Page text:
Fatal Head-On Collision in Greenville Attributed to Allegedly Drunk Driver
As a southern Illinois car accident attorney, I frequently work with families of people who were killed or badly injured by drunk drivers. That’s why I was disappointed to read in the Bellville News-Democrat about a 33-year-old Greenville man killed in a head-on collision with an allegedly drunk driver. Robert Reavis, 23, is accused of driving drunk on the night of Nov. 7, when he swerved across Illinois 140 and hit a car head-on. The collision killed Brock W. Adcock, 33. Chemical test results are pending, but Reavis is already charged with aggravated DUI resulting in death.
The accident took place around 2 a.m. on the morning of Nov. 7, a Sunday. Adcock was driving his Dodge Stratus east on Illinois 140, a two-lane road, in Bond County. According to Illinois State Police, Reavis, of Smithboro, was traveling west on the same road in a Chevy Silverado pickup truck. Allegedly under the influence, he veered off the right side of the road into a cornfield, and then back across the westbound lane, crossing into the eastbound lane about 50 feet east of Linder Boulevard, near Greenville. There, he smashed head-on into Adcock's car. Reavis suffered minor injuries, but when police arrived at the scene only a short time after the accident, Adcock was already dead. As of Sunday evening, Reavis was being held at the Bond County Jail, and bail had not yet been set.
It’s almost too obvious to repeat that drunk driving is illegal and unsafe. Nonetheless, I see the sad results all the time in my work as a Missouri car accident attorney. In many of my cases, prosecutors have already filed criminal charges against the driver, although that’s not always the case -- especially in Missouri, which media reports have shown has a patchy and ineffective license suspension system. However, regardless of whether there’s a criminal case, victims have a legal right to hold the drunk driver responsible in civil court as well. When a driver ignores the law and common sense and then injures or kills someone, that’s a form of negligence. The law recognizes that victims should not have to bear the costs of accidents caused by someone else’s negligence, which is why victims may sue the perpetrator for all of their financial and personal losses.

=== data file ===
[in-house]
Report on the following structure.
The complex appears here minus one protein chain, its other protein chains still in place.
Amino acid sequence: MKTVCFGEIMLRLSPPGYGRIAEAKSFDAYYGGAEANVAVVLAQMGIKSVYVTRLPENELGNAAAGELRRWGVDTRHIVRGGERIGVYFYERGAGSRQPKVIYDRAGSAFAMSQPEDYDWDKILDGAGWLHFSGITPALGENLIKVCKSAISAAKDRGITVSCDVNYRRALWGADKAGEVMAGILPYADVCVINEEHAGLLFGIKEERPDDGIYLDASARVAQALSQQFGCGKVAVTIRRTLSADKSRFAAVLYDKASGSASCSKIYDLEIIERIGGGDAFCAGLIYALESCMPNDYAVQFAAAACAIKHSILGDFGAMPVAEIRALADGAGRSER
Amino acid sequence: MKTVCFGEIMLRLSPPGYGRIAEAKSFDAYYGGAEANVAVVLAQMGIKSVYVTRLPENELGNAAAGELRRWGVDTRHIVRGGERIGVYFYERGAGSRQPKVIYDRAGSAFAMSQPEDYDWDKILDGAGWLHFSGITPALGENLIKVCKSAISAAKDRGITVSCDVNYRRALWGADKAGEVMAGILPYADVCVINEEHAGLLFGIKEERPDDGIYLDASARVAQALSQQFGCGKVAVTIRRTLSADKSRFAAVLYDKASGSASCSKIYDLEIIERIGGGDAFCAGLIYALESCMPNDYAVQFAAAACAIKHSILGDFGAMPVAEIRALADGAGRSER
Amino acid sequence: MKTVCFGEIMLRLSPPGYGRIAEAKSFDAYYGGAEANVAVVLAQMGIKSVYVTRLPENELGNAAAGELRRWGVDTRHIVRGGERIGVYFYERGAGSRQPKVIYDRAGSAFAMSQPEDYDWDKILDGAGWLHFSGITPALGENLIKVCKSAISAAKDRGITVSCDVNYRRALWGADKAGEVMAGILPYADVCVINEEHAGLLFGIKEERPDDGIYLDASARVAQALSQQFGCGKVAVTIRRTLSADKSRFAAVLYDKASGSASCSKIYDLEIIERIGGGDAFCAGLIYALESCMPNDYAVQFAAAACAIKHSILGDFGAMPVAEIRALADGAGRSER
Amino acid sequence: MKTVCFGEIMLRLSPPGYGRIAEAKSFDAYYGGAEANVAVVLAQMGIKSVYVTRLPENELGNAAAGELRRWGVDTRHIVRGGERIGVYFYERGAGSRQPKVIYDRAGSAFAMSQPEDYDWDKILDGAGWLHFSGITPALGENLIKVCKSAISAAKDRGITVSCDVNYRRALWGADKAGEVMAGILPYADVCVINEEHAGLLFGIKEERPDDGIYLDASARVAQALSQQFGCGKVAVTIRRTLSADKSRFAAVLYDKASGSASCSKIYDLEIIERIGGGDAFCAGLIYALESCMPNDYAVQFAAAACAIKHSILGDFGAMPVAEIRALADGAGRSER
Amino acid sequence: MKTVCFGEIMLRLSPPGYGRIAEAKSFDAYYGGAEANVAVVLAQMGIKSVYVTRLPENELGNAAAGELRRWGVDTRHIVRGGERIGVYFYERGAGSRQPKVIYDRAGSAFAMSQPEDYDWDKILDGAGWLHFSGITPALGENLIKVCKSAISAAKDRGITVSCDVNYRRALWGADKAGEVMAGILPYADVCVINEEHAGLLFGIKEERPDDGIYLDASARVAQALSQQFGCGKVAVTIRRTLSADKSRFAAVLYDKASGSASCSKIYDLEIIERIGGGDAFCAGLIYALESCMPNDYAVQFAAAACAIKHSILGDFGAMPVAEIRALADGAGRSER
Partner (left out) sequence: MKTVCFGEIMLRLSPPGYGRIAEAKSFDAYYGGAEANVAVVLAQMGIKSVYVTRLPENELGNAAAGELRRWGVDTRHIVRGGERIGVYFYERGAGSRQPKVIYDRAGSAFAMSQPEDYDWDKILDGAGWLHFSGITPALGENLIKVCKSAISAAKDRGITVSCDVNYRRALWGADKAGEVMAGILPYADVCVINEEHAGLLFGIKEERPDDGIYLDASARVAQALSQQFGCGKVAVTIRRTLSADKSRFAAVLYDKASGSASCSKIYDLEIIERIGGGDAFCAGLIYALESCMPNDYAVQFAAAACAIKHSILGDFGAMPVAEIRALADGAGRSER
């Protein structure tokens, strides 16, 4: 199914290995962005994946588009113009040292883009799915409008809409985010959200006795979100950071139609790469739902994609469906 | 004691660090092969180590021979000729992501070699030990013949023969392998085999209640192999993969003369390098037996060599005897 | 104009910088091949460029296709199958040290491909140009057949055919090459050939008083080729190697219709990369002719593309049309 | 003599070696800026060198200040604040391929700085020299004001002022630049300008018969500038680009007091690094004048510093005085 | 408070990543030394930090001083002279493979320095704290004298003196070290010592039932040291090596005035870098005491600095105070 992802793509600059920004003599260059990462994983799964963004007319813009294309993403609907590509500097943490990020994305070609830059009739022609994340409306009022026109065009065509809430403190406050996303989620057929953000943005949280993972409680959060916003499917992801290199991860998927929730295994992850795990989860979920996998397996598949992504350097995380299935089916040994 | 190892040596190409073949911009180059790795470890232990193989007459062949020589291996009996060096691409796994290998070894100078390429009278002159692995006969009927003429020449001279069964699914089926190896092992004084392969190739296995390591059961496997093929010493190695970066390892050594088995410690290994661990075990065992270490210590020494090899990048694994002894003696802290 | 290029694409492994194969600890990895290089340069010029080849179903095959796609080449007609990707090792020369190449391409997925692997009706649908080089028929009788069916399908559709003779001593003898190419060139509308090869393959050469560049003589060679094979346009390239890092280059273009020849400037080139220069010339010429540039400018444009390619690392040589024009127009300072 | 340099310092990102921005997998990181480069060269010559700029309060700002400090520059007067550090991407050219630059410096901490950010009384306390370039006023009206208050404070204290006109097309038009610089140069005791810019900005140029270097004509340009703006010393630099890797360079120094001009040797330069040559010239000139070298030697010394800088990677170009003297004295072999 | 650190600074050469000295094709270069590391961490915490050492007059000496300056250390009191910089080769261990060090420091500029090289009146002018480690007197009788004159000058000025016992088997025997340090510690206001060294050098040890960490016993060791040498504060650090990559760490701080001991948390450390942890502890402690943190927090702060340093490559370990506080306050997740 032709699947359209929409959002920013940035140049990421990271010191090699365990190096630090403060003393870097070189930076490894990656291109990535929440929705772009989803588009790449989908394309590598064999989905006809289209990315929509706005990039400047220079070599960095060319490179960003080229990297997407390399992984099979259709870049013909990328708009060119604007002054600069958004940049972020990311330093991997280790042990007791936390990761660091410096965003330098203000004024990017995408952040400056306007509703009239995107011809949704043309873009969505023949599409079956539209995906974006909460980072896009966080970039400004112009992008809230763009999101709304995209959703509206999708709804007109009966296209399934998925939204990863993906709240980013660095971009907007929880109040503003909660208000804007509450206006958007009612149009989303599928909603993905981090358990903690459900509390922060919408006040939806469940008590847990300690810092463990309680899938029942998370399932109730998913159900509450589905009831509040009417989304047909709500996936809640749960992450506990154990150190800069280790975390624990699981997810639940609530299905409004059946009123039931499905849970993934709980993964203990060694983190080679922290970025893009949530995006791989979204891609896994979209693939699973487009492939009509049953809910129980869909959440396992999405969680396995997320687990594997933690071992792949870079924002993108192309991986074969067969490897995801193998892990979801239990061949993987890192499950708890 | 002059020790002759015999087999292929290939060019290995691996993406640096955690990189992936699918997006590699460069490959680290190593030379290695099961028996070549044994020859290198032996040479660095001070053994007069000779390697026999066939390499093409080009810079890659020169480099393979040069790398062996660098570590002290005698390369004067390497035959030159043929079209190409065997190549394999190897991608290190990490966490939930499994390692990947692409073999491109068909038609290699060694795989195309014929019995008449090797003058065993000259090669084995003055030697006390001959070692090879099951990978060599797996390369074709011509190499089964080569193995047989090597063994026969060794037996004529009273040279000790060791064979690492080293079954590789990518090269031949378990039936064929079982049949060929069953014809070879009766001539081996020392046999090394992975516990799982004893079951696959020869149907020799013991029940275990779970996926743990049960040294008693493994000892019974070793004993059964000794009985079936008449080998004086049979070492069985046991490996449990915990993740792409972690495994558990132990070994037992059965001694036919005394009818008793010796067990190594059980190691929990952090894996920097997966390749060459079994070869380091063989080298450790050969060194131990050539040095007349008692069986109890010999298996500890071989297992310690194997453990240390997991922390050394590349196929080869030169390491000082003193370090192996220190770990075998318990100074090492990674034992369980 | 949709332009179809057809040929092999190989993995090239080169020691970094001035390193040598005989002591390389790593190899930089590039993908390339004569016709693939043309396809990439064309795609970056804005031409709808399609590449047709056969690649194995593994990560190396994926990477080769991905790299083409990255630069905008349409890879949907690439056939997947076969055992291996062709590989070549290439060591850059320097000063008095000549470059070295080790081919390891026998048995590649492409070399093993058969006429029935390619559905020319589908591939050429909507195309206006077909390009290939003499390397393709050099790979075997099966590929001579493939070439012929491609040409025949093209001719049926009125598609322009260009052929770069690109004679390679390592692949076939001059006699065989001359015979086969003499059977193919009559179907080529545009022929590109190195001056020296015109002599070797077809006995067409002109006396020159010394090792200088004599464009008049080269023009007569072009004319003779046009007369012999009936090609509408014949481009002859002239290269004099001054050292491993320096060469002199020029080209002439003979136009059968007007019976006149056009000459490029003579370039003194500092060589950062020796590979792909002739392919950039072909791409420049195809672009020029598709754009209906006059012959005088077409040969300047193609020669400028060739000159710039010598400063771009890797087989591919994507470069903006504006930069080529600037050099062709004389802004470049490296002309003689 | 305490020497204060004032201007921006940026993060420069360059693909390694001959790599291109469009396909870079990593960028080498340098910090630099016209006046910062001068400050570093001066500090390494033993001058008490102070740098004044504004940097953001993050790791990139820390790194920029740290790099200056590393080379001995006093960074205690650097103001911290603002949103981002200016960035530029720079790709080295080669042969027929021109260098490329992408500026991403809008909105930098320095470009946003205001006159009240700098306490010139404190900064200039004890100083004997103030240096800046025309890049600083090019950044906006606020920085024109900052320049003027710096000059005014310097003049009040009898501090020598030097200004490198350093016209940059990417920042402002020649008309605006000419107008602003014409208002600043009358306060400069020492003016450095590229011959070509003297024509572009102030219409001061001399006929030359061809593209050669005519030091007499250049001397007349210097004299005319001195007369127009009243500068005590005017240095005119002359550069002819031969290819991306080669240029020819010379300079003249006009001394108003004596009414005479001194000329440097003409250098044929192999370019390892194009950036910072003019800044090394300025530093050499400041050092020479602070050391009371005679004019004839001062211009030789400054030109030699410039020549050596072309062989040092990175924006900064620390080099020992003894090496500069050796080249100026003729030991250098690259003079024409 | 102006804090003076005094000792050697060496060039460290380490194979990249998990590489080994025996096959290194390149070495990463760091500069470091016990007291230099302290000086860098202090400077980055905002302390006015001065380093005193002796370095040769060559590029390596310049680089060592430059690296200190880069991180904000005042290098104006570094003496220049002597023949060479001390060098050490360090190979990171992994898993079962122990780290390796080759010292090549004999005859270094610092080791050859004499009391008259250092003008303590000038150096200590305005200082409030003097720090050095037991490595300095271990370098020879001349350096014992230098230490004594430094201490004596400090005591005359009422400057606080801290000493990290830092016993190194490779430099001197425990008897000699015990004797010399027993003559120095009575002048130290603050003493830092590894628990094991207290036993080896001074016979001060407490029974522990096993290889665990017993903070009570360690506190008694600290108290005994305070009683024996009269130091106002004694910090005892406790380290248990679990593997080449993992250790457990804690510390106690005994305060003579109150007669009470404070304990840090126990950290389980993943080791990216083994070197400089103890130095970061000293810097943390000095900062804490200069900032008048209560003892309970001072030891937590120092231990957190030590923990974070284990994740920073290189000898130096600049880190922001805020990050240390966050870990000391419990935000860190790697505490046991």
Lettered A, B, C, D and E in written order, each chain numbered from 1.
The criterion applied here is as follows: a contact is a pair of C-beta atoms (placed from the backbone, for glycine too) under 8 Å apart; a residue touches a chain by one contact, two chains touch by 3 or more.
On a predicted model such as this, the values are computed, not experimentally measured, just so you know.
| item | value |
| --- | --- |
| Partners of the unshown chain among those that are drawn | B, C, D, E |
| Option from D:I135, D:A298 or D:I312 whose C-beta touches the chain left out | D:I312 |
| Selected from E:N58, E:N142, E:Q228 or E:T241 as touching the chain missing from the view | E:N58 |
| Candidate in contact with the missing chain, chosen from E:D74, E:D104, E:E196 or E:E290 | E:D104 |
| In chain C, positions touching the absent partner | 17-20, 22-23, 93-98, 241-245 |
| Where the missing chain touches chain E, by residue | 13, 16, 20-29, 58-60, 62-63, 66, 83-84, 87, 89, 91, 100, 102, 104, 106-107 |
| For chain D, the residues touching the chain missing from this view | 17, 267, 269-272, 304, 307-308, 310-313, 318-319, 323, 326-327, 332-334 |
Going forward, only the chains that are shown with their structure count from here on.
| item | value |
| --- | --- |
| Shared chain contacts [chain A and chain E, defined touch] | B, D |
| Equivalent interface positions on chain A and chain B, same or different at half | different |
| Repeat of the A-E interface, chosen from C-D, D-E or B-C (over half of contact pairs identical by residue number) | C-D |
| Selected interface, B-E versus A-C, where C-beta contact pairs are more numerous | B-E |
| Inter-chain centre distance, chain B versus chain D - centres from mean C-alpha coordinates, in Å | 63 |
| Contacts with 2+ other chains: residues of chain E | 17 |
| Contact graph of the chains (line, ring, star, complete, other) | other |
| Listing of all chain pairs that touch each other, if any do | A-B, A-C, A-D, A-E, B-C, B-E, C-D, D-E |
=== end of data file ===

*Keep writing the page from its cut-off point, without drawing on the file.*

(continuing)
No amount of money can ever replace a lost loved one or reverse a disability. But frequently, victims find that finances are unfortunately a practical consideration. High medical bills, funeral costs, temporary or permanent loss of an income and other considerations can leave victims scrambling for money while they’re already dealing with grief and shock. As a St. Louis car crash lawyer, I help victims and their families recover compensation for these financial costs, as well as their physical pain, emotional trauma and loss of a loved one’s care, comfort and support. In addition to helping families pay off high bills related to the accident and make ends meet in the future, this kind of claim can help them seek justice -- whether or not local prosecutors decline to pursue a criminal case.
If you or a loved one have been hurt by someone else's negligence, please call Carey, Danis & Lowe for a free consultation. We specialize in helping victims and their families learn about their rights and how they can get justice. You can call us toll-free at 1-877-678-3400, or send us a message online.